Everton has defended its deal with official resale partner StubHub after its sister firm Ticketbis was found to be selling Premier League tickets at inflated prices months before becoming available via official channels.
According to the Daily Mirror newspaper, Spain-based ticketing company Ticketbis is advertising tickets for games up to nine months in advance and at well above face value. Ticketbis was acquired by StubHub owner eBay in 2016 and is referred to as “a StubHub company”.
Everton has insisted that through its deal with StubHub, the average ticket price through the site “worked out around face value.”
Labour’s Shadow Culture Secretary Tom Watson said: “The actions of some secondary ticketing websites continues to be nothing short of scandalous.
“If some of the mark-ups weren’t obscene enough, it’s been taken to a whole new level where these websites can sell tickets for matches that haven’t even gone on sale.”
Standard single tickets for the Manchester United clash against Liverpool at Old Trafford on March 10, are listed on Ticketbis for up to £1,609 (€1,769/$2,087).
In addition, despite the clubs not yet opening ticket sales for the second half of the season, all Liverpool and Everton home fixtures have been found for hundreds of pounds.
The Mirror newspaper reports that it is not clear if sellers have received tickets early, or whether they assume they will be able to scalp them nearer the time.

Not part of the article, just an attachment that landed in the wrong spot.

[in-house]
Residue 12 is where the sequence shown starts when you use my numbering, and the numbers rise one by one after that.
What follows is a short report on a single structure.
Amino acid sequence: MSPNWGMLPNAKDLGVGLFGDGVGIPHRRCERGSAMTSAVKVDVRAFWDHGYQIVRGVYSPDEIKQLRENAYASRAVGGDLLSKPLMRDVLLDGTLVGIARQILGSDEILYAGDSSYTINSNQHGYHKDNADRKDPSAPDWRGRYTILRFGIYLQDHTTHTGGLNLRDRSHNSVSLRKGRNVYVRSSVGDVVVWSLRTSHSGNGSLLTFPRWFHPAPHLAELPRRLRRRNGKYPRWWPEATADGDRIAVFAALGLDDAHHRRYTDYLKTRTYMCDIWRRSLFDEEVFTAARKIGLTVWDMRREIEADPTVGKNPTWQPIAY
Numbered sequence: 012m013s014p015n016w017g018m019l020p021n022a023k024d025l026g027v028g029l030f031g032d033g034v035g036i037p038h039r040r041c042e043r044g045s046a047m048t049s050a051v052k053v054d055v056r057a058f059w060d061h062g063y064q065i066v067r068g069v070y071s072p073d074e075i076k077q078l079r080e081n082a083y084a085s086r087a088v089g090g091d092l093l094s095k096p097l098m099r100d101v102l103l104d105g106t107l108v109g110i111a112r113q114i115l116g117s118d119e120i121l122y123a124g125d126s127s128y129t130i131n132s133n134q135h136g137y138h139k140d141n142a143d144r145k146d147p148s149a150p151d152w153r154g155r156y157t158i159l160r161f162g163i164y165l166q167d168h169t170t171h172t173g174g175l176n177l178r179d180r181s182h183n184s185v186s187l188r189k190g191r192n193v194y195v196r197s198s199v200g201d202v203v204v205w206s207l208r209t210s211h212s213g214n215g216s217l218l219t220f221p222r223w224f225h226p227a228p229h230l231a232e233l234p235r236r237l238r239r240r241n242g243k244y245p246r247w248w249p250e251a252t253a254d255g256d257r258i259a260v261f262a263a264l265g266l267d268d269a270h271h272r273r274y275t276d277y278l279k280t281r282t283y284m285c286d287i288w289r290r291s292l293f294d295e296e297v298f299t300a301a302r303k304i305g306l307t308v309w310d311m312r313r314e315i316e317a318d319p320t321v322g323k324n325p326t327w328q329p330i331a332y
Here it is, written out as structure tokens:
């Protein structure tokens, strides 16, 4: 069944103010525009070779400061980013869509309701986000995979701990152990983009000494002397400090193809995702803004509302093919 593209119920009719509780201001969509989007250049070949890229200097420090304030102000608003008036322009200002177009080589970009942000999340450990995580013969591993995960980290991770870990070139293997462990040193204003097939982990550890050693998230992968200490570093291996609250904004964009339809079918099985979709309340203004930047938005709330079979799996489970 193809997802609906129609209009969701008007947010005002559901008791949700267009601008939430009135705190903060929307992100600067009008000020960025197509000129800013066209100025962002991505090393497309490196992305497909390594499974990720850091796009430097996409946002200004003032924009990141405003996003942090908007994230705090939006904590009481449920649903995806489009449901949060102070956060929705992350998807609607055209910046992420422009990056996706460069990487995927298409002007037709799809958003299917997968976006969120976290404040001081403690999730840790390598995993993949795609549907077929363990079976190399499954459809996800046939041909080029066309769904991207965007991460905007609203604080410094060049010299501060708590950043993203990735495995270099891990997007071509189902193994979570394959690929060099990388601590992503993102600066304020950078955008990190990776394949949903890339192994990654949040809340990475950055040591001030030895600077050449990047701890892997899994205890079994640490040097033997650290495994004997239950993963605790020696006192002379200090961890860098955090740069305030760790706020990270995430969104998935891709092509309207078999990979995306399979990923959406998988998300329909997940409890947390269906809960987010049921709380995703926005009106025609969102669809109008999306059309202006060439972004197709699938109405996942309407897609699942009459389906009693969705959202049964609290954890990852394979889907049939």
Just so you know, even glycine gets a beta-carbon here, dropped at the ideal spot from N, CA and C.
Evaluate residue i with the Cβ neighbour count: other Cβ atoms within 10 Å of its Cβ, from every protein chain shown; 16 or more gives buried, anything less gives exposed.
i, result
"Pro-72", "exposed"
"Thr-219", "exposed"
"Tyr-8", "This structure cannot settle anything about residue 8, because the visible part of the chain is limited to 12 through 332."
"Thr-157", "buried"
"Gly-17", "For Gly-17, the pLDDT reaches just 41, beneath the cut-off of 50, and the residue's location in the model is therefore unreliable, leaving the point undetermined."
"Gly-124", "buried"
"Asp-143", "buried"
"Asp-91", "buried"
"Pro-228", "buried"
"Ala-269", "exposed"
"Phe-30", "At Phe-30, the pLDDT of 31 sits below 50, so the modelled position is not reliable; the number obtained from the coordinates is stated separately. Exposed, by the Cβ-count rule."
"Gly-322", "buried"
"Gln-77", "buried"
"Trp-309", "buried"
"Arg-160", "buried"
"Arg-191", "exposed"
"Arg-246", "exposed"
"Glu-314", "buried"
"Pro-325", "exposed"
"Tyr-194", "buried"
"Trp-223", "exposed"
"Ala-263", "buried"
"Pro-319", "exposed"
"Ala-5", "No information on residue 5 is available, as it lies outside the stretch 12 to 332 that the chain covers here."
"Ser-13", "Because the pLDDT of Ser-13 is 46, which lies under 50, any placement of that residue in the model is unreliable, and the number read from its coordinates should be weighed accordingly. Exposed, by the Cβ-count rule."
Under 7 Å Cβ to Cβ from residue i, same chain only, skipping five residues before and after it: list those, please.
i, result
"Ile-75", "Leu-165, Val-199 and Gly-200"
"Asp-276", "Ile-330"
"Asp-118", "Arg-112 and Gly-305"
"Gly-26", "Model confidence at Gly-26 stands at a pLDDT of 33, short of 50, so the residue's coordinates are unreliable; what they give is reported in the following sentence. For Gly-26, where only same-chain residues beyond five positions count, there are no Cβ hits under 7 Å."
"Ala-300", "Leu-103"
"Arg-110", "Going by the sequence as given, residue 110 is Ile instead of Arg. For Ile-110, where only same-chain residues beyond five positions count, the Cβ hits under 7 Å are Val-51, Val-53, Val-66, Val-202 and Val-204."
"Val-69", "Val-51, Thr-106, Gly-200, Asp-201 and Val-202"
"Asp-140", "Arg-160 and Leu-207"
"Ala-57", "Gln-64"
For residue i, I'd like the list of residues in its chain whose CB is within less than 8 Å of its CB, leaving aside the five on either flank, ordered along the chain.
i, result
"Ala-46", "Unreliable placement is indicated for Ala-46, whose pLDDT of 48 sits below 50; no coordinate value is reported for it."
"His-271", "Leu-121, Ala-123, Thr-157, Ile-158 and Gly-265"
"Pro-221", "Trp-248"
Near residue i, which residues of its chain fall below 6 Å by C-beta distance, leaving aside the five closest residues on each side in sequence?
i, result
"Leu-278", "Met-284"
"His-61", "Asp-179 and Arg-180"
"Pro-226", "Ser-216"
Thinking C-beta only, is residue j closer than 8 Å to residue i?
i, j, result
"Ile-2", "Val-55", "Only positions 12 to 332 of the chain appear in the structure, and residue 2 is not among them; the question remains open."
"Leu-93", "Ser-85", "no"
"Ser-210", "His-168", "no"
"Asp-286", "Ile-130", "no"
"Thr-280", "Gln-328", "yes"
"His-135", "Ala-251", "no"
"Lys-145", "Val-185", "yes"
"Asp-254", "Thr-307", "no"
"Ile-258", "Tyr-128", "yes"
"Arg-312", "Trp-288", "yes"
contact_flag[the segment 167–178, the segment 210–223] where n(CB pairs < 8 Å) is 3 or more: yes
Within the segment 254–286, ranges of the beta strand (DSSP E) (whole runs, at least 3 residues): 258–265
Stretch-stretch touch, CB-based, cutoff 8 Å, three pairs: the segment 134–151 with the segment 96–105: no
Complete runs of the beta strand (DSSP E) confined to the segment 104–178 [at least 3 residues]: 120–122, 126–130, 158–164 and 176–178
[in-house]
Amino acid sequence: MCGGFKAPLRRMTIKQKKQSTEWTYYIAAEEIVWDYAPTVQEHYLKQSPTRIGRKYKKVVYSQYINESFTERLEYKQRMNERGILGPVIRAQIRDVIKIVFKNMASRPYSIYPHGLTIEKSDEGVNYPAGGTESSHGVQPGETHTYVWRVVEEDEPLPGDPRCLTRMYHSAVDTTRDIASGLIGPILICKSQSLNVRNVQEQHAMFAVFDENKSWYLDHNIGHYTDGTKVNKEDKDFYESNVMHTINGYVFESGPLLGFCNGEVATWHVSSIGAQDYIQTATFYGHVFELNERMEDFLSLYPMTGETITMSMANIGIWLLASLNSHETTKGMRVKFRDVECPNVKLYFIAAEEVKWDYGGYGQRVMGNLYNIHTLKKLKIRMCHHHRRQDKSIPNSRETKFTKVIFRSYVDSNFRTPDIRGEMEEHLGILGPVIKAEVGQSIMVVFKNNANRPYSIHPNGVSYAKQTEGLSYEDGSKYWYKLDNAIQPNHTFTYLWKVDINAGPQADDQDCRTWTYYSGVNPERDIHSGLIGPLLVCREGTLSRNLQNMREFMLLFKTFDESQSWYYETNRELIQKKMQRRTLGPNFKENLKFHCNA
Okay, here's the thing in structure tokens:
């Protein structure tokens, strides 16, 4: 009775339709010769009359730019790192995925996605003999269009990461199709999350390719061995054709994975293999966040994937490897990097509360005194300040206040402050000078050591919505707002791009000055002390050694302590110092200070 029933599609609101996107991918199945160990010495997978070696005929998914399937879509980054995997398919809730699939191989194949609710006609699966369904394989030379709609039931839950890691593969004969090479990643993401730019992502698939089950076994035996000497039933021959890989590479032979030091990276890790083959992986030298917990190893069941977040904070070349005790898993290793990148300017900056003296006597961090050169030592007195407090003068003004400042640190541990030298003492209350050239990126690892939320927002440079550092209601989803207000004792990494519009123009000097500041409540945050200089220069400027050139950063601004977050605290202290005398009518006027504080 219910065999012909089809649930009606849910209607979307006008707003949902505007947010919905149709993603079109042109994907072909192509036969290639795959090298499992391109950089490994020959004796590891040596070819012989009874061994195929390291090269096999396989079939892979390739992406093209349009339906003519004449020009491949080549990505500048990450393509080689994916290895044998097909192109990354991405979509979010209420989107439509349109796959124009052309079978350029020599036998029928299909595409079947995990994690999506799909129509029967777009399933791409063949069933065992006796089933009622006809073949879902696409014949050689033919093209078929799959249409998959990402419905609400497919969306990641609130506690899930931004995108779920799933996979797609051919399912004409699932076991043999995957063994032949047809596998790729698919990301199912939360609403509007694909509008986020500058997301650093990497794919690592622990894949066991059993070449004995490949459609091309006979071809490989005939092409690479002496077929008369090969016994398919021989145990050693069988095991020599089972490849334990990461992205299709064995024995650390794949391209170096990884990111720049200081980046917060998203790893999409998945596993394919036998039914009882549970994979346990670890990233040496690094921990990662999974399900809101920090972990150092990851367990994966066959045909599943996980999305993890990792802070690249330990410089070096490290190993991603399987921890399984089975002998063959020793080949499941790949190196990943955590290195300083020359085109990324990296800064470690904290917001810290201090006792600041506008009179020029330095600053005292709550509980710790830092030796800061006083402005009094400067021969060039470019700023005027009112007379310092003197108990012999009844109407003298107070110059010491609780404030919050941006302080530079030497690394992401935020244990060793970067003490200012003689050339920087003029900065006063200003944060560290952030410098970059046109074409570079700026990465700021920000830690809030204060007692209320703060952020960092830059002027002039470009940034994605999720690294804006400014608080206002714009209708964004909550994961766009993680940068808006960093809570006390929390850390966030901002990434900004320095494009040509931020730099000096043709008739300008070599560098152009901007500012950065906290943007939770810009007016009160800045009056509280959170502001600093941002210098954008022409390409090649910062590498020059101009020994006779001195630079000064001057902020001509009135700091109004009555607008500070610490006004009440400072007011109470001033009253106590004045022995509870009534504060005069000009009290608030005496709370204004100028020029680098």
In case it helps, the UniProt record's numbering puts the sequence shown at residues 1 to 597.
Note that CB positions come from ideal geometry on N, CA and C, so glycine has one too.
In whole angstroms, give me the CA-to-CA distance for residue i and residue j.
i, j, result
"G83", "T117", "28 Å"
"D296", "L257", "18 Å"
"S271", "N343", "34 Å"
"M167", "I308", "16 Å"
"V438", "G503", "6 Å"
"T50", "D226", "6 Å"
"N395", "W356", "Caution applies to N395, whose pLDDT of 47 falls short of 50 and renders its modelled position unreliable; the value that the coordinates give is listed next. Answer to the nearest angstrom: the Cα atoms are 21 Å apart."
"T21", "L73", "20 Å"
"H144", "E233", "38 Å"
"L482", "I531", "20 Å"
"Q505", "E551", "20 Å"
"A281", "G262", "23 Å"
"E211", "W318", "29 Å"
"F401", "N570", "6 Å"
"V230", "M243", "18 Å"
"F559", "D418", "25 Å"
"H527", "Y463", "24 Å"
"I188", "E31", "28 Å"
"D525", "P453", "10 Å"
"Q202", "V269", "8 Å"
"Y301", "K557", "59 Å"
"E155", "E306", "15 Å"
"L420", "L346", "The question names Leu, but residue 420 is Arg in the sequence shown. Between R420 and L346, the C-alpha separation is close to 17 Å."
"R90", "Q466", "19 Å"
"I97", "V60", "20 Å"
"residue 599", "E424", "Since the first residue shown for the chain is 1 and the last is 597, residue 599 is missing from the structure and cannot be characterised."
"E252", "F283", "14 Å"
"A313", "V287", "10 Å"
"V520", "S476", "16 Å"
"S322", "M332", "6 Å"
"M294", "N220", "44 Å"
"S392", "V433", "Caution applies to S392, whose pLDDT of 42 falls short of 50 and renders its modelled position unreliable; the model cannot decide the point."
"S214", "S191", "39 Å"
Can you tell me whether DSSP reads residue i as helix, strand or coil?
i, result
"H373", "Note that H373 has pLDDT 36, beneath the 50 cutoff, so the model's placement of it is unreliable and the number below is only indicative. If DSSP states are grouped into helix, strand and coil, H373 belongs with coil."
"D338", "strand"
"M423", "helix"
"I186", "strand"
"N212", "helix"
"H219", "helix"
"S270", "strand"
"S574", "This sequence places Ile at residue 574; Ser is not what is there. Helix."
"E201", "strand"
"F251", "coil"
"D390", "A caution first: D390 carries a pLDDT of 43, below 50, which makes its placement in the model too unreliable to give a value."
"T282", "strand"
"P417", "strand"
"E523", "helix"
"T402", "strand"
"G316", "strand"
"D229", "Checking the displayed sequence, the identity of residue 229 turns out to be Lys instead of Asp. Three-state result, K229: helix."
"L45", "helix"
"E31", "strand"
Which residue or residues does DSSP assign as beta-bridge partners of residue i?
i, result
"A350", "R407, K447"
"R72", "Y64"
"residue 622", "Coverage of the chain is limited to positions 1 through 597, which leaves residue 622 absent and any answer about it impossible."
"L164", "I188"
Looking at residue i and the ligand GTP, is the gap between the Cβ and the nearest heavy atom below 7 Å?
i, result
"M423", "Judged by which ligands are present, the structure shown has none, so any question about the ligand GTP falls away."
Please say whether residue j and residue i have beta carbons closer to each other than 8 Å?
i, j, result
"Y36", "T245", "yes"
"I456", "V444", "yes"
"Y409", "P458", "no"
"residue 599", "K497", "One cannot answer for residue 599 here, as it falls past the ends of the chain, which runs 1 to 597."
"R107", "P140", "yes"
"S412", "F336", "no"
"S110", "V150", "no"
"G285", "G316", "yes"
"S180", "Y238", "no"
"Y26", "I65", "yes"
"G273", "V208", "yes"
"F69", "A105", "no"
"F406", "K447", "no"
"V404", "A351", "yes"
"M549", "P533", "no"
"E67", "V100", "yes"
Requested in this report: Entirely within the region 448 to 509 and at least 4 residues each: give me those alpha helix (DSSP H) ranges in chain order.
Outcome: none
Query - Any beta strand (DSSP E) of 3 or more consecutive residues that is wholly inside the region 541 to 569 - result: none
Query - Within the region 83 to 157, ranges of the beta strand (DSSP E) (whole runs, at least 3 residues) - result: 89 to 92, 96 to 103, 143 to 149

Ticketbis insists that it is doing nothing wrong as sales are between fans, rather than direct selling from the company. The firm said that since individual sellers set the prices, they could be both “above and below the original price”.
Despite this, critics have argued that it gives organised ticket touts a method to buy seats en masse and resell them at well above the face value.
Watson recommended that football should begin copying what several music venues have done, such as cancelling tickets they believe have been bought by touts.
He said: “The Premier League and consumer authorities need to come down hard on firms like StubHub and Ticketbis who are taking fans for a ride.”
According to the Mirror, a Premier League spokesman said: “It is illegal to resell football tickets in England and Wales without the authorisation of professional football clubs.
“We work with clubs and the authorities to investigate and, where we can, take action against touts and illegal sellers but it is It is very challenging when sellers are based overseas.
“We advise all fans to check directly with the club, via the official website, before purchasing any tickets.”
Image: Ben Sutherland